Author Topic: The suborbital thread!  (Read 574761 times)

Offline Steven Pietrobon

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Re: The suborbital thread!
« Reply #1680 on: 07/18/2017 05:56 AM »
In 2014 this flight was scheduled to use VSB-30 rocket serial V12, but scheduled launch date was May 2015! www.unoosa.org/pdf/pres/stsc2014/tech-44E.pdf

VS-30/IO V12 flew on HIFiRE 5B on 18 May 2016. Article also confirms this launch on a VSB-30. Seems to be a coincidence that HIFiRE 5B and HIFiRE 4 have the same serials.

http://www.aeb.gov.br/foguete-com-propulsor-desenvolvido-pelo-dcta-e-lancado-na-australia/
« Last Edit: 07/18/2017 05:59 AM by Steven Pietrobon »
Akin's Laws of Spacecraft Design #1:  Engineering is done with numbers.  Analysis without numbers is only an opinion.

Offline Star One

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Re: The suborbital thread!
« Reply #1681 on: 08/03/2017 04:24 PM »
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ARLINGTON: A brand-new ICBM may cost the nation more than $85 billion, but keeping the geriatric Minuteman will cost even more. Thatís according to Boeing, the aerospace giant that began building the original Minuteman I in 1958 and has maintained the much-modified Minuteman III since 1970.

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Sure, the company can reset the odometer on the Minuteman with yet another service life extension program (SLEP), Boeing strategic deterrence chief Frank McCall told reporters this morning. But itís still a 1950s design upgraded over six decades with a mix of technologies it was never intended to accommodate. While parts of the guidance and propulsion systems date to 1993, for example, some parts are so old the original manufacturers have long since gone out of business. That forces the Air Force to expensively reinvent the wheel Ė or, say, a 1961-vintage mechanical coding device.

So for about the same price as a rebuilt Minuteman, McCall told us, Boeing would rather build you an all-new missile. Thatís what the Air Force calls the Ground-Based Strategic Deterrent. (Lockheed and Northrop are also competing). GBSD would get you better performance, he said, including against modern, precision-guided missile defenses, which didnít exist when the Minuteman was designed. (Back then, cutting-edge missile defense destroyed incoming warheads by detonating a nuclear weapon over your own territory). It would be flexible for a wide range of scenarios, whereas the Minuteman was optimized for a massive exchange with Russia across the North Pole. And even sticking with low-risk, proven technology, it would be decades more advanced than Minuteman.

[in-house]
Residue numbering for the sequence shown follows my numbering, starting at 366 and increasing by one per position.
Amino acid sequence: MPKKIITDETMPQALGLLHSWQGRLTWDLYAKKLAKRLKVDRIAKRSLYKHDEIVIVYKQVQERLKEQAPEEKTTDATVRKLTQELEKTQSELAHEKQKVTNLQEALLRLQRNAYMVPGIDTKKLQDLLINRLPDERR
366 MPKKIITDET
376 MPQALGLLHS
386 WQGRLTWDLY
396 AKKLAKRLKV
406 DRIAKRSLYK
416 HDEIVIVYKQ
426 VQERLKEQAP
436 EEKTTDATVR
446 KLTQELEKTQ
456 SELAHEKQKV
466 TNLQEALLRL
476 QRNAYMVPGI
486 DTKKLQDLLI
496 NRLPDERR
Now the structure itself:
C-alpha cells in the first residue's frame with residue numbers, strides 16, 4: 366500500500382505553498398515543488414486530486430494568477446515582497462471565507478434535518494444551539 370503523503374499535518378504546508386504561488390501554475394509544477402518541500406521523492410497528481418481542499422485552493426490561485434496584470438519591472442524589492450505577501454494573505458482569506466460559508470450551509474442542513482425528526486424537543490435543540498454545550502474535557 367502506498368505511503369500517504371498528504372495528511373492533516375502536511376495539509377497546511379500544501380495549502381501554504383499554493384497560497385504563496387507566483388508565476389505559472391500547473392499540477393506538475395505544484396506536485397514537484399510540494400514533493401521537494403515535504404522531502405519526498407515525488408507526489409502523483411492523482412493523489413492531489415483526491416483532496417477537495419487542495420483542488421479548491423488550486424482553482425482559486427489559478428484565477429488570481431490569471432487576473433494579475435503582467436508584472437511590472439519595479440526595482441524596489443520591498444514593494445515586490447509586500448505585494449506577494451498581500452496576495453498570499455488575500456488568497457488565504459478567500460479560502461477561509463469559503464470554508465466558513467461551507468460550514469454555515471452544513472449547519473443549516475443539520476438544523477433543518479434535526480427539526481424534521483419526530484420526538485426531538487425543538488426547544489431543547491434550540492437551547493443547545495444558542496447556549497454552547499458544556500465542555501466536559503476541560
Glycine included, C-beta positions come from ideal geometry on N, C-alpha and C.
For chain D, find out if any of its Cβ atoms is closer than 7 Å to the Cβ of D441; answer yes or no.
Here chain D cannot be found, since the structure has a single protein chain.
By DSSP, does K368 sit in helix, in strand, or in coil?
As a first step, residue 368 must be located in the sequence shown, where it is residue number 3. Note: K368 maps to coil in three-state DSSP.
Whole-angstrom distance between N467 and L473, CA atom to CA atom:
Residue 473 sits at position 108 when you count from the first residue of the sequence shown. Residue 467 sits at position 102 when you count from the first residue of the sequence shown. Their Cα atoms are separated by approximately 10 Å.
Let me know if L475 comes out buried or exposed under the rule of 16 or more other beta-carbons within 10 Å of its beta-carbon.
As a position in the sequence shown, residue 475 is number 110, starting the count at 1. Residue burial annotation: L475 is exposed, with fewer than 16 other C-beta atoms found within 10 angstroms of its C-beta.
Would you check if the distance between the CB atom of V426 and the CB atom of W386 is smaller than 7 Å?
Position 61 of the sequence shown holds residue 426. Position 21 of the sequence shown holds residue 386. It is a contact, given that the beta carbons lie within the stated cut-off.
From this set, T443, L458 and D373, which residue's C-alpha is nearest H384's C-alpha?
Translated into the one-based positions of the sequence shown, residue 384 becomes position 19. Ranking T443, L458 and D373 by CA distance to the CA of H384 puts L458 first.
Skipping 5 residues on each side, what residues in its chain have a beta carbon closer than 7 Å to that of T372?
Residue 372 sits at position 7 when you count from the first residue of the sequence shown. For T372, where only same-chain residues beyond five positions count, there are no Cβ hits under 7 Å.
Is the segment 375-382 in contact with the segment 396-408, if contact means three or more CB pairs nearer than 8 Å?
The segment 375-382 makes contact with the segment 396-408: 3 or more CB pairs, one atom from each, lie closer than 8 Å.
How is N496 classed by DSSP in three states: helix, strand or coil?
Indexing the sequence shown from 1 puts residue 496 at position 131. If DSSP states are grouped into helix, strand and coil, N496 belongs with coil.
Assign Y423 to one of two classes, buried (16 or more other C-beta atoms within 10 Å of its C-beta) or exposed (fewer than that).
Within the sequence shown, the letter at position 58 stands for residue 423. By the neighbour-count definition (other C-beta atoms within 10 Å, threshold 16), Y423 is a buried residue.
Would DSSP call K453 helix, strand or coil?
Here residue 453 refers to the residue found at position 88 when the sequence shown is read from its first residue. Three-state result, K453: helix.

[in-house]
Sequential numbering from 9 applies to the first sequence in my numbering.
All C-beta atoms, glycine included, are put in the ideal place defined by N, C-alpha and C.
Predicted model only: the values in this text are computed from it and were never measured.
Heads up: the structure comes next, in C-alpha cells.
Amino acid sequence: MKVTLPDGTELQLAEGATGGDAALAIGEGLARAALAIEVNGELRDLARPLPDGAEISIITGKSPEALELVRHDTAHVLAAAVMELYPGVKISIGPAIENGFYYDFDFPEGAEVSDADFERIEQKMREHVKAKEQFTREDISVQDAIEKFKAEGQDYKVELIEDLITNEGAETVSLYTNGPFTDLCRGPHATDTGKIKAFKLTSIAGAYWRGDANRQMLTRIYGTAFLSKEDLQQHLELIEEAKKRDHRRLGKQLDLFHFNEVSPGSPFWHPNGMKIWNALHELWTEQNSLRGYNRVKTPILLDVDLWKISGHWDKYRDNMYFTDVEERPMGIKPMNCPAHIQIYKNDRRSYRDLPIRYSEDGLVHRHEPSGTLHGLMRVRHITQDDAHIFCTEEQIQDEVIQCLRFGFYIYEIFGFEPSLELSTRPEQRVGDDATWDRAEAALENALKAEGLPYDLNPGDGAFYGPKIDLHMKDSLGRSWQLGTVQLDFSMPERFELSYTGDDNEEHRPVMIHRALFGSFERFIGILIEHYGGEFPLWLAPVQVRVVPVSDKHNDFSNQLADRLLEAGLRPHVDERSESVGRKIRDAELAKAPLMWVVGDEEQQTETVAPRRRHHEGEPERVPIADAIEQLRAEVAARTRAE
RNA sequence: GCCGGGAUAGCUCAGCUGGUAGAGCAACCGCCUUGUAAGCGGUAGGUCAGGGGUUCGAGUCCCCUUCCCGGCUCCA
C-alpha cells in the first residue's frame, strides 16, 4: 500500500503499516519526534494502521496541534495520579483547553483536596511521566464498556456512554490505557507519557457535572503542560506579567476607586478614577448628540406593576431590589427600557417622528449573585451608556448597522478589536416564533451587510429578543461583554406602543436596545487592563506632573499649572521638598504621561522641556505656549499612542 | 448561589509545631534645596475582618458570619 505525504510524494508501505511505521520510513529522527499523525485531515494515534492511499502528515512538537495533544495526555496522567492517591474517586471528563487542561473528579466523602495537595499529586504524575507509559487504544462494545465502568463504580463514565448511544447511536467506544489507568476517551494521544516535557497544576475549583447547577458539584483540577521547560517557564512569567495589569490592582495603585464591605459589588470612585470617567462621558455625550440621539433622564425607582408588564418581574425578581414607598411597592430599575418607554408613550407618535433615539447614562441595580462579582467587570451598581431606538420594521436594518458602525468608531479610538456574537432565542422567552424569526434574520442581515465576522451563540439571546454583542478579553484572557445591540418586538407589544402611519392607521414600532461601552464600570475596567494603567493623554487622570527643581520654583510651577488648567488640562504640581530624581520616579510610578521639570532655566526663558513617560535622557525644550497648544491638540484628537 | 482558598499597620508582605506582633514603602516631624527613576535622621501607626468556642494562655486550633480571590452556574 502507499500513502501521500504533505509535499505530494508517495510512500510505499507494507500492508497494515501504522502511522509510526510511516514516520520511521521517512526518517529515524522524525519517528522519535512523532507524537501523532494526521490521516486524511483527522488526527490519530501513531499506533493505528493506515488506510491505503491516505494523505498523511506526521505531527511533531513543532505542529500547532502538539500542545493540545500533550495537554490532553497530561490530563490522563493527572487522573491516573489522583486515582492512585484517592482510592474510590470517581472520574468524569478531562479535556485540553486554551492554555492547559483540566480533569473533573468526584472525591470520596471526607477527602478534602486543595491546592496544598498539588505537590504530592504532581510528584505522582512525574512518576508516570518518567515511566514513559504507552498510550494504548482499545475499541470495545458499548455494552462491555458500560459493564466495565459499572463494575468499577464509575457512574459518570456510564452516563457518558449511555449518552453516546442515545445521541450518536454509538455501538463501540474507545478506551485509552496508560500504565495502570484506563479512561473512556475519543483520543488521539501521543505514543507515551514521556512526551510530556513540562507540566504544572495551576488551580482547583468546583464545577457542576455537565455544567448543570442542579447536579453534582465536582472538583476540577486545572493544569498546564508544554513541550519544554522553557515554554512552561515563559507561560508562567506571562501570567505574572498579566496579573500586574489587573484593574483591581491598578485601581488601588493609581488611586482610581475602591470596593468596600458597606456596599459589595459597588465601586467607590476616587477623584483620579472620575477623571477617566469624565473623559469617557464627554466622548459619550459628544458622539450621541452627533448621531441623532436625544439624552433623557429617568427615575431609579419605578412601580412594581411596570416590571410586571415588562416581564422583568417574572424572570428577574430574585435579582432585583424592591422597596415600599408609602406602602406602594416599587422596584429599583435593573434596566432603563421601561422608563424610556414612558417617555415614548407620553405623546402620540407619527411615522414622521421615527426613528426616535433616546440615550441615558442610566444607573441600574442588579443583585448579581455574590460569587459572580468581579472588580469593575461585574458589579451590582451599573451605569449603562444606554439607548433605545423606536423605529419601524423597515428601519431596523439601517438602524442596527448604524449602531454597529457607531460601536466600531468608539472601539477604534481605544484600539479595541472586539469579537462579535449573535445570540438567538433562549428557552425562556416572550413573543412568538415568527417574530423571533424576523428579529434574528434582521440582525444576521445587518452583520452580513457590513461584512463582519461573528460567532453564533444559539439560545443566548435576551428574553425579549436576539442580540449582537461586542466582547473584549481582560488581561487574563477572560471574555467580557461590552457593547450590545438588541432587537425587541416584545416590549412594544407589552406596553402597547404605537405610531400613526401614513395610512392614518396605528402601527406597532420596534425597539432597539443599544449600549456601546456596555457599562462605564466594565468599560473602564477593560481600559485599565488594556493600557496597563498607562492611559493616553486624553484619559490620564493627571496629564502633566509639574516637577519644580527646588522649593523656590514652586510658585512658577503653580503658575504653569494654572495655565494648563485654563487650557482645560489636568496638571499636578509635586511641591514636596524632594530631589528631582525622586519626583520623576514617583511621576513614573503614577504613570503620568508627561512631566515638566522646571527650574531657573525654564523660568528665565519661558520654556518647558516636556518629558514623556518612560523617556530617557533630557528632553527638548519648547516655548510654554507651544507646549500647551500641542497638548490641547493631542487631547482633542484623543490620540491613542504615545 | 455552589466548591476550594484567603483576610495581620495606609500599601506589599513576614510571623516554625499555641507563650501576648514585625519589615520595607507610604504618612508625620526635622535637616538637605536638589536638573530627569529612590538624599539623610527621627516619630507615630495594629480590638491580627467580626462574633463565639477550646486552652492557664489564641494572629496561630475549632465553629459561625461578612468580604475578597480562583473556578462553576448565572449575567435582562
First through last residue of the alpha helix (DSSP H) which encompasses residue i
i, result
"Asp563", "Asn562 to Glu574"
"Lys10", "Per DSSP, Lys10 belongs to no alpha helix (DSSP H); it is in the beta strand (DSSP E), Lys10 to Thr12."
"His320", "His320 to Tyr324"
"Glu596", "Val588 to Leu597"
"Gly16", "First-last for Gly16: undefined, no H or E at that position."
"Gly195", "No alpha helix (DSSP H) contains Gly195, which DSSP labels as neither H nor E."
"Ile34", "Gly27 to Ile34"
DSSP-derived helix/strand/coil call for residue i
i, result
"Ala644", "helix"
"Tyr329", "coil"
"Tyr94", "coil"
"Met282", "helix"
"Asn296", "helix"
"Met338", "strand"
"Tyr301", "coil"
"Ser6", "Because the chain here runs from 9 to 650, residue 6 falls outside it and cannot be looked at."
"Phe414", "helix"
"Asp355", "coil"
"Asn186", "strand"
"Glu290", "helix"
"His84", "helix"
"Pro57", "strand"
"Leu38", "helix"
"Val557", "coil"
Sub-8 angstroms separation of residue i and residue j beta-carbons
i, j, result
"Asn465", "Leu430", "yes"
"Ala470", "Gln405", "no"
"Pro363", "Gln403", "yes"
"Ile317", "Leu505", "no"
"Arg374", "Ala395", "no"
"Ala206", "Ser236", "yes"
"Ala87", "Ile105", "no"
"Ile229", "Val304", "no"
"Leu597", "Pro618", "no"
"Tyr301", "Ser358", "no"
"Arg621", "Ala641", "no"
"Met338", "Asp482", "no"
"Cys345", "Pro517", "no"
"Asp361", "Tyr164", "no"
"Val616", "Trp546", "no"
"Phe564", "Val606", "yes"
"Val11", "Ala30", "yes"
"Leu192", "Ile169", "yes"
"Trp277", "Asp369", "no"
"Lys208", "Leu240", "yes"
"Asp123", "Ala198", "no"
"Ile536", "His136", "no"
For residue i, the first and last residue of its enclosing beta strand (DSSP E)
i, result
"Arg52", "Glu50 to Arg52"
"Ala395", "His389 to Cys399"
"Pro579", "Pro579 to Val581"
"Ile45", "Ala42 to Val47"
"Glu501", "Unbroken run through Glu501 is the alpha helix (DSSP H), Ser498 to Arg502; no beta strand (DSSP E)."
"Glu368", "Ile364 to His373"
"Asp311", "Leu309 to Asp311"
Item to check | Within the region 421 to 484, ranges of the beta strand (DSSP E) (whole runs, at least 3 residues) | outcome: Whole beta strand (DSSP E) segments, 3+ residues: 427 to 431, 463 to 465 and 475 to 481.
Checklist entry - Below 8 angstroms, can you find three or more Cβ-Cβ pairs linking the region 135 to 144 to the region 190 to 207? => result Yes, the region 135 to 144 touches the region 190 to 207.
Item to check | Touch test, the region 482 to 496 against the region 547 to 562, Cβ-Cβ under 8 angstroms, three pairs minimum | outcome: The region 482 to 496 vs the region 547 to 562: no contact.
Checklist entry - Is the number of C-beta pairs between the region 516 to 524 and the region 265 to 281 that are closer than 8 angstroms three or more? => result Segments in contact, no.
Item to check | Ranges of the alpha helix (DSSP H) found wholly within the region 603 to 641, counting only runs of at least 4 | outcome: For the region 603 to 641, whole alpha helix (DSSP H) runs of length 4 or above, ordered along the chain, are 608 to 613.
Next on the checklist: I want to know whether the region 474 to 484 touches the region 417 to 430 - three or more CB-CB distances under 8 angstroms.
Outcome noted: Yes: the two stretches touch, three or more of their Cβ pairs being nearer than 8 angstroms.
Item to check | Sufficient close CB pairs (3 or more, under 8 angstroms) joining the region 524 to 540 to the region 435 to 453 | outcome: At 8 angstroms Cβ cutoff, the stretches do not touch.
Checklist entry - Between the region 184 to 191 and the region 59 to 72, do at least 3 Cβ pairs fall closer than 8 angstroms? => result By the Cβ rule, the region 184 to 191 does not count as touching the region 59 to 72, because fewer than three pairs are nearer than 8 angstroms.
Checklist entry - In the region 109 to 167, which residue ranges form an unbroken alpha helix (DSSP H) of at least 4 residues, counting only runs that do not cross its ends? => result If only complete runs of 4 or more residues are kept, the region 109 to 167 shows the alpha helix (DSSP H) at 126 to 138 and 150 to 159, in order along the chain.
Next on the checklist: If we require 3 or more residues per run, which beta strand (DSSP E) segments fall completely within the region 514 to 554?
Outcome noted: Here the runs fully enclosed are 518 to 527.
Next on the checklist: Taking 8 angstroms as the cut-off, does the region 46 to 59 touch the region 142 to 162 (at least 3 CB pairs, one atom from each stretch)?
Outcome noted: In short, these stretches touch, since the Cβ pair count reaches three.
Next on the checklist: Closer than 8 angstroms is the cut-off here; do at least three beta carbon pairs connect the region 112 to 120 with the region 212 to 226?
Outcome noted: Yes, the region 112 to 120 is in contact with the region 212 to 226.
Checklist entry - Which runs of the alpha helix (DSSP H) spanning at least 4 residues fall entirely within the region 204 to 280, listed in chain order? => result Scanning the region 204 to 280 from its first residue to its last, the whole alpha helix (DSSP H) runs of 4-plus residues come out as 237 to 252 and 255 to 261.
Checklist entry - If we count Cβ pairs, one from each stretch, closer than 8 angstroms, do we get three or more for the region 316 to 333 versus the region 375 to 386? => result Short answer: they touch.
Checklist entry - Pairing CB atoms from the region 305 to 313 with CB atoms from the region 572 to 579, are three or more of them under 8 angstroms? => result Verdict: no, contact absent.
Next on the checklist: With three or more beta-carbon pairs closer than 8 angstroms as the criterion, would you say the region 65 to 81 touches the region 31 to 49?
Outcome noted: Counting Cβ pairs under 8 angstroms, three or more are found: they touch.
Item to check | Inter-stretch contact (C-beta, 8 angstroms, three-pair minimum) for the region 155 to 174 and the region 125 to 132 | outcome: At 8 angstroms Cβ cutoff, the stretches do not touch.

http://breakingdefense.com/2017/08/new-icbm-cheaper-than-upgraded-minuteman-boeing-on-gbsd/

Offline FutureSpaceTourist

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Re: The suborbital thread!
« Reply #1682 on: 08/13/2017 12:00 PM »
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Aug. 13, 2017
RockSat-X Successfully Launches from NASA Wallops

The RockSat-X student payload was successfully launched on a NASA Terrier-Improved Malemute suborbital sounding rocket at 5:30 a.m., Sunday, Aug. 13, from NASAís Wallops Flight Facility in Virginia.

The payload flew to an altitude of 94 miles during its suborbital flight. It descended by parachute and landed in the Atlantic Ocean where it was recovered.

The payload will be returned to Wallops later today, Aug. 13; the experiments will be removed and returned to the student teams.

More than 100 students from 15 universities and community colleges from across the Unites States participating in RockSat-X were on hand to witness the launch.

The experiments were flown through the RockSat-X program in conjunction with the Colorado Space Grant Consortium. RockSat-X is the most advance of NASAís three-phase sounding rocket program for students. The RockOn launches are at the entry level then progress to the intermediate level RockSat-C missions, culminating with the advanced RockSat-X.

The three-tier program introduces secondary institution students to building experiments for space flight and requires them to expand their skills to develop and build more complex projects as they progress through the programs. RockSat-X experiments are flown approximately 20 miles higher in altitude than those in the RockOn and RockSat-C programs, providing more flight time in space.

The next launch from Wallops is a NASA Black Brant IX suborbital sounding rocket in mid-September carrying a technology development payload.

https://www.nasa.gov/feature/wallops/2017/rocksat-x-successfully-launches-from-nasa-wallops

3rd picture caption:

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RockSat-X team.
Students with the RockSat-X group pose in front of their rocket prior to launch operations. The RockSat-X mission successfully launched from NASA Wallops Aug. 13.
« Last Edit: 08/13/2017 12:01 PM by FutureSpaceTourist »

Offline catdlr

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Re: The suborbital thread!
« Reply #1683 on: 08/13/2017 09:03 PM »
Terrier-Improved Malemute sounding rocket launches RockSat-X payload

SciNews
Published on Aug 13, 2017

A NASA Terrier-Improved Malemute sounding rocket launched the RockSat-X student project, experiments built by students through the RockSat-X program, on 13 August 2017, at 09:30 UTC (05:30 EDT), from the Wallops Flight Facility in Virginia. RockSat-X is the most advanced of NASAís three-phase sounding rocket program for students.  The RockOn launches are at the entry level, then progress to the intermedia level RockSat-C missions and then RockSat-X.

Credit: NASA

https://www.youtube.com/watch?v=WsoWrxjgS-Y?t=001

Tony De La Rosa

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